I once read a story about a man who killed his wife and unborn child. He was a drunk and usually beat his wife. So, a mob came together and wanted to kill him too. A witch (really just a very wise woman with a little bit of magic) made it possible for him to escape to another land, but not before he got the taste of some very bitter medicine. Her reason for enabling his escape was so that the mob would not have blood on their hands in a bid for justice. An eye for an eye, yes? Well, maybe not all the time, because sometimes, in a bid for justice, we end up bloodying our hands too. I think for justice to be justice, it has to come from a clear place, a balance between head and heart. That mob had more heart than head, their bloodlust was from a primal place. There wouldn’t have been justice. Just another murder.

I read the story that was published here a few days ago, of the cultist who used to victimize gay people, then found someone and the person helped him face the truth of what he was doing, how he’d been hurting people. And so, he reached out to ask for forgiveness. When I started reading this story, I was already scoffing. After I finished, I was not entirely convinced he was remorseful. But I was sure that this was someone who had started to see – if not already seen – the error of his ways.

The comments section, as expected, teemed with people who were angry. It’s safe to say a majority of the LGBT in Nigeria have been kitoed in one form or the other. If you haven’t been, then you most likely know someone who has been. That experience leaves behind scars that may never heal. It can lead to PTSD, depression, suicidal tendencies and lower the already-deplorable quality of living as a gay man in Nigeria. The anger in the comments section was appropriate, in my opinion. My friends have been kitoed; it is very possible it was even a member of the community who ratted them out to the police. And yes, it is one thing for a straight homophobe to do this to a gay man. But when it’s someone who you’re in this shit with together… It’s a different, more painful kind of hurt.

Many people told the writer to shove his apology where the sun doesn’t shine. He was insulted and abused. His remorsefulness was called into question too. Did he really mean all he wrote or he just wanted to get with the person who seemed to have his heart? If he was so remorseful, why should he just stop at no longer kitoing people? He should list names, locations, expose the cultists!

I agree to a large extent. A written apology feels flimsy when steps aren’t put into place to right wrongs. However, something else bothers me. And that is the reaction toward people who have been bad and are trying to be good.

I personally believe people can change. If people can’t change, then we are really doomed and our existence is meaningless. I also believe that people are very good at hiding their faces from the objective truth. They will lie to themselves and make excuses (I was bullied. She made me do it. I did it to help other people). Sometimes, it takes someone else’s hand to make them see the truth. The source of that hand doesn’t really matter; whether it’s a loved one or a booty call – as much as change comes from within, it can also come from without. Imagine a sliver of light breaking through the cracks and filtering into the darkened heart, illuminating it till it is no longer dark.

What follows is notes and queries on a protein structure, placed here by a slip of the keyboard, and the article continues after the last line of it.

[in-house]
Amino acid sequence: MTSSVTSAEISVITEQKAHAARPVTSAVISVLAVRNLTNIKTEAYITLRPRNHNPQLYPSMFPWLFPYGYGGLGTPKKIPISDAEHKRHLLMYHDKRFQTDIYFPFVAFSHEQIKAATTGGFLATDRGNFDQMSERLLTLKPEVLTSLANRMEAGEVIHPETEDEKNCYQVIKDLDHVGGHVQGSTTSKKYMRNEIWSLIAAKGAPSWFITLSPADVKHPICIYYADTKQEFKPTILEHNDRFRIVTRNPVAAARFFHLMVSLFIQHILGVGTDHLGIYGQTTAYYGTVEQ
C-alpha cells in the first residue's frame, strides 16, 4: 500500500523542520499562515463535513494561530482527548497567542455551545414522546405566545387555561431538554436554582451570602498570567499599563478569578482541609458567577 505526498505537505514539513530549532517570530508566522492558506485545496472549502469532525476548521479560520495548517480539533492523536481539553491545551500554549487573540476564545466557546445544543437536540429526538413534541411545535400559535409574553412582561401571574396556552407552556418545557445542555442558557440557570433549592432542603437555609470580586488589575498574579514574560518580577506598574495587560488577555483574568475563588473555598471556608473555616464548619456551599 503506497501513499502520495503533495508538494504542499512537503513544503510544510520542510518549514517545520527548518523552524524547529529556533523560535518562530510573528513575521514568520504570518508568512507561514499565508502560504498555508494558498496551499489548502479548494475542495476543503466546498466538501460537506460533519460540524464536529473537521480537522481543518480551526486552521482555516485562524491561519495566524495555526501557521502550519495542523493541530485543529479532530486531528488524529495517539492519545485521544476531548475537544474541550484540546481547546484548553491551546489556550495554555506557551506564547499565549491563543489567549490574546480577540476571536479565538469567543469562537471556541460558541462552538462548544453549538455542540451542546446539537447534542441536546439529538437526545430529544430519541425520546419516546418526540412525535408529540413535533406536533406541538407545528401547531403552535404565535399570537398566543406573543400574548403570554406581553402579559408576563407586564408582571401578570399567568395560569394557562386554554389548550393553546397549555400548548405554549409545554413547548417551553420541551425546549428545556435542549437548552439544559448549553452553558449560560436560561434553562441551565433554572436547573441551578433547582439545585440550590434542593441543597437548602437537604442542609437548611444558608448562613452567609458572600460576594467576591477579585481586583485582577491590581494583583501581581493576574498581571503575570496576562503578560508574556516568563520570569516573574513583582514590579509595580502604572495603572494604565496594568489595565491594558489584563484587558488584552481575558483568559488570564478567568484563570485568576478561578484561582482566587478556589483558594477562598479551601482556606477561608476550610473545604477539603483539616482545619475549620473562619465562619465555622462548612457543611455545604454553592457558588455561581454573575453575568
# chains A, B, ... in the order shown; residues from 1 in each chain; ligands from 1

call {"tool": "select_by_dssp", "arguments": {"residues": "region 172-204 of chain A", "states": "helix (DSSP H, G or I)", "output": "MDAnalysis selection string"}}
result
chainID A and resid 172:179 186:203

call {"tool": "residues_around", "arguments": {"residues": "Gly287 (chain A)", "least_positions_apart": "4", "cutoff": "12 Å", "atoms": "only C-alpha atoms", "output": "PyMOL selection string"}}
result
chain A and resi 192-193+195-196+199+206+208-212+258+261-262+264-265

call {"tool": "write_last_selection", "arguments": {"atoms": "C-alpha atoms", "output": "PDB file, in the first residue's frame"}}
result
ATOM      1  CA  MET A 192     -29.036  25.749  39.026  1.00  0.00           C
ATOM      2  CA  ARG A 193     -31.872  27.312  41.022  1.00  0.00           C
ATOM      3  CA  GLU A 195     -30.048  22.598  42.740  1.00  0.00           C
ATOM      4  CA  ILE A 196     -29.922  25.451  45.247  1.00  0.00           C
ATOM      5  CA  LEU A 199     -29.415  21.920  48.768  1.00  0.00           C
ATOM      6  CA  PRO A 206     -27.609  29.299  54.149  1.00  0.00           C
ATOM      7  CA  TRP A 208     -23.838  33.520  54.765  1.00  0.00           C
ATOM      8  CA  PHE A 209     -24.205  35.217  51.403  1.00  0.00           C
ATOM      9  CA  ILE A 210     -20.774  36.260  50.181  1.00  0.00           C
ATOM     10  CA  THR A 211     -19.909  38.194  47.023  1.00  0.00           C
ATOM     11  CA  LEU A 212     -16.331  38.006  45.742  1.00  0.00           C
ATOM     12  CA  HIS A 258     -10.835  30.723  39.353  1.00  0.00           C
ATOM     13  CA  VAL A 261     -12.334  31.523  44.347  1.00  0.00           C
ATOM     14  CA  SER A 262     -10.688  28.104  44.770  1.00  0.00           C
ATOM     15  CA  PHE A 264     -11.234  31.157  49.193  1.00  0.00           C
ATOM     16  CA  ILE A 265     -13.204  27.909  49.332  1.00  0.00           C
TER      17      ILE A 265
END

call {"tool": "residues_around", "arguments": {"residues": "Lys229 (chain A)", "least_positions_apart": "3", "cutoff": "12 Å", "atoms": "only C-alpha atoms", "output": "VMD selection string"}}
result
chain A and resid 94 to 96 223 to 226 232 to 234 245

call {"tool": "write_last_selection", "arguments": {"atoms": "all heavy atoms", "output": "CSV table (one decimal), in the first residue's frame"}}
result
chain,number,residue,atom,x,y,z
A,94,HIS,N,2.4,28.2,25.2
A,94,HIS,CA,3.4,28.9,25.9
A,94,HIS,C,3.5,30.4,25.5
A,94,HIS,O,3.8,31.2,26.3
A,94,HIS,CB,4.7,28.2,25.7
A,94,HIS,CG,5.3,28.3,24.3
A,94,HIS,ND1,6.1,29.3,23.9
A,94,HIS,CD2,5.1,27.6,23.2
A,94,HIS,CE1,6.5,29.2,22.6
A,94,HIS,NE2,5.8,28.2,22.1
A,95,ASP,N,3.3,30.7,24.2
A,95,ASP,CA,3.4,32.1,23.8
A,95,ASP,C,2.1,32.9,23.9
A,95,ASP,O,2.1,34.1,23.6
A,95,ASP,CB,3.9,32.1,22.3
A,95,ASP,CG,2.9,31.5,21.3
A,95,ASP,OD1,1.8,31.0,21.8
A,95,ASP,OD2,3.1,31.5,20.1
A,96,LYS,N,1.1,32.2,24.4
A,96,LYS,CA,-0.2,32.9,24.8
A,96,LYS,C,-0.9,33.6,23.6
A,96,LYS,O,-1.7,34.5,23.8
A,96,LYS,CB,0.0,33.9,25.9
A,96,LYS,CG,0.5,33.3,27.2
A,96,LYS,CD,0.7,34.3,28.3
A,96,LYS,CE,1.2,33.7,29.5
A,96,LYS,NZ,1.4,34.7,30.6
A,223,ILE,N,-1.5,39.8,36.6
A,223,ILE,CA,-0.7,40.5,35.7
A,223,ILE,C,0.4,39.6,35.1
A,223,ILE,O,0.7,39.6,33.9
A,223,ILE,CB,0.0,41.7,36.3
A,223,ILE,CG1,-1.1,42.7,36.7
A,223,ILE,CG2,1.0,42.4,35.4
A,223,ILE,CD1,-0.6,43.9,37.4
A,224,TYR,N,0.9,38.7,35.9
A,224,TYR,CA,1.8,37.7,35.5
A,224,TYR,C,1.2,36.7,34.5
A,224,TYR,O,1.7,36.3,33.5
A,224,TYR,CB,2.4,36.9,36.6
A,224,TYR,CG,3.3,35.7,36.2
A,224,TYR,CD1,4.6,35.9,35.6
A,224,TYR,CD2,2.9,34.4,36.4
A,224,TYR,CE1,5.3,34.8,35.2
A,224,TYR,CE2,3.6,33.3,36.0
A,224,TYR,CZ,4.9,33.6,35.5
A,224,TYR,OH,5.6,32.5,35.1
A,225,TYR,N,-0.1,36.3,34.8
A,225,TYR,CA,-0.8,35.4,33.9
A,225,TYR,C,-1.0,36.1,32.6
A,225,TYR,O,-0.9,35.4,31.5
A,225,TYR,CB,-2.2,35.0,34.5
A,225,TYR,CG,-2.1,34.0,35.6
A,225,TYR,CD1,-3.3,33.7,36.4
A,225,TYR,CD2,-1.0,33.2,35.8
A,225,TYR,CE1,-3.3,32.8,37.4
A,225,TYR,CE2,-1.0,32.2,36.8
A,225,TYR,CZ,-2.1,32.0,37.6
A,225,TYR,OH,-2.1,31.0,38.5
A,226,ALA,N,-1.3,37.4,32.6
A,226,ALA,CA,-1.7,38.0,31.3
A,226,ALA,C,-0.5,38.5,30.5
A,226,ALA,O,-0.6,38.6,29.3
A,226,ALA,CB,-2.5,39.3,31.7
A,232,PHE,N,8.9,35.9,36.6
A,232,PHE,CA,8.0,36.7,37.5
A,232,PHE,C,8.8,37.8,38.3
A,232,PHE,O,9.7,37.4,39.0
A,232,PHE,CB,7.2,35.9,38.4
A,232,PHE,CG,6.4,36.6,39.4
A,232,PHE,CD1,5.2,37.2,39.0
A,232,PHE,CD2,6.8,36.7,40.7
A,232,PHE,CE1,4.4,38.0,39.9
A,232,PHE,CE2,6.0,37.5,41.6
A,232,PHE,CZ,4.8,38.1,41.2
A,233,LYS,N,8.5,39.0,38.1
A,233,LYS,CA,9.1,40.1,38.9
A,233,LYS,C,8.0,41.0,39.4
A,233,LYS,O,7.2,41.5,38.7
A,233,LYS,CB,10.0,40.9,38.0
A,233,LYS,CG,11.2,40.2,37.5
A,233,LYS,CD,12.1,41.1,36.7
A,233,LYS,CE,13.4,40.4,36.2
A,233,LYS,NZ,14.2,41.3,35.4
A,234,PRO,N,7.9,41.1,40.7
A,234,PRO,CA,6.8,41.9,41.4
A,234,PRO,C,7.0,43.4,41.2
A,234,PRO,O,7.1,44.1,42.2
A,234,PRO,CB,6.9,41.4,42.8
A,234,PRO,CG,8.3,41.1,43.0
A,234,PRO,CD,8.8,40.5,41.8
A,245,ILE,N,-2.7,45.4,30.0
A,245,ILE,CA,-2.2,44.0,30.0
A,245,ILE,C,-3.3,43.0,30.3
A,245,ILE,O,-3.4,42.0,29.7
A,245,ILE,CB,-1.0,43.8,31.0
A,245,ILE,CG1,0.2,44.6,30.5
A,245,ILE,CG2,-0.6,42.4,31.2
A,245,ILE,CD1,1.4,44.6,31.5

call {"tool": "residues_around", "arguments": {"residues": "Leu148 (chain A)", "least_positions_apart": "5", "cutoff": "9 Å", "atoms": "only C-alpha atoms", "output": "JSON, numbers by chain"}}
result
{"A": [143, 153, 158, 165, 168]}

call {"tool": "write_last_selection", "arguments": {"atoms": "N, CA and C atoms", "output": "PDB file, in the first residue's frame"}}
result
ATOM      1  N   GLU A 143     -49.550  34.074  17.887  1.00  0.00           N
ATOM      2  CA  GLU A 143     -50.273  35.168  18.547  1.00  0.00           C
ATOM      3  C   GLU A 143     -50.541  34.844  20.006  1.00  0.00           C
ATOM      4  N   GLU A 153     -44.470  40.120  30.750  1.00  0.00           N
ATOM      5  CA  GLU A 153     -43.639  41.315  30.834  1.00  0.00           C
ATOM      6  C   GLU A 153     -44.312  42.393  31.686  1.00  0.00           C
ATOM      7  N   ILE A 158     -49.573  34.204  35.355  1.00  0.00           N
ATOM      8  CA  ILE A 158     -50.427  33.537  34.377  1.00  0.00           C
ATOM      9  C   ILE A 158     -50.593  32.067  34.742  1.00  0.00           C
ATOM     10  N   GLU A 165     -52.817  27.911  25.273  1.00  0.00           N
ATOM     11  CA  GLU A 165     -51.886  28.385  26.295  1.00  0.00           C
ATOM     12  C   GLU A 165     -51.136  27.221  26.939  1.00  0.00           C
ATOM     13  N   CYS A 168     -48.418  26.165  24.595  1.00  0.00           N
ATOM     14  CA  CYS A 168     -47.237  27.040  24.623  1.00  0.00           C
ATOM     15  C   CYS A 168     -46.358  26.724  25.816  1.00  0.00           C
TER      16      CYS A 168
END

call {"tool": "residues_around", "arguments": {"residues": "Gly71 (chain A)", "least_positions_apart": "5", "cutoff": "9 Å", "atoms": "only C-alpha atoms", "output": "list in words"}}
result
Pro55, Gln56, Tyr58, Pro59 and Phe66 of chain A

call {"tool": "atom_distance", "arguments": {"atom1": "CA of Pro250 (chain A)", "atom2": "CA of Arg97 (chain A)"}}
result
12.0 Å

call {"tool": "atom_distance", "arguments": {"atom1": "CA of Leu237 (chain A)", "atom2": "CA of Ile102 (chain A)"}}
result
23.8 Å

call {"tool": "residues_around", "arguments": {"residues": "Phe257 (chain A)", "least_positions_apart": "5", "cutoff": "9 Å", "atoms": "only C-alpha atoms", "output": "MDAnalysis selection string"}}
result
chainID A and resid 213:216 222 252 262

In fact, I think that’s how a lot of change happens. Through external factors.

And I also think that people need to be told how to be better people a lot of times. It’s frustrating. It’s hard work. And you certainly are not anybody’s mama. But if that’s the collective approach towards someone who is genuinely trying to (learn to) be better, then aren’t we still making things complex for ourselves as well?

Amidst the deserved anger, different ways he could restitute were said. I hope he takes them. I hope he realizes that people on the internet hurling insults at him and bruising his ego is a lot tamer than the damage he wreaked on the people who apparently trusted him. I hope this spurs him on to keep on doing the right thing. Let’s not all pretend like cultism in Nigeria is something you can say that you’re no more doing and that would be the end of that. But he needs to be brave and do what is right, even if it’s little steps. Even if it’s to convince his guys to stop hurting innocent people or at least, letting Kito Diaries know that a certain area is a no-go area.

Apologies are a part of the process of getting better, but it cannot end there. Not in this case.

Finally, I’ll say this – and please, this is just a philosophy I try to adhere to: Anger can be a rational emotion, but when it gets in the way of healing, then it may be time to begin letting go. Withholding forgiveness may make you feel powerful, but in the end, you’re still carrying a weight you’d be better off discarding.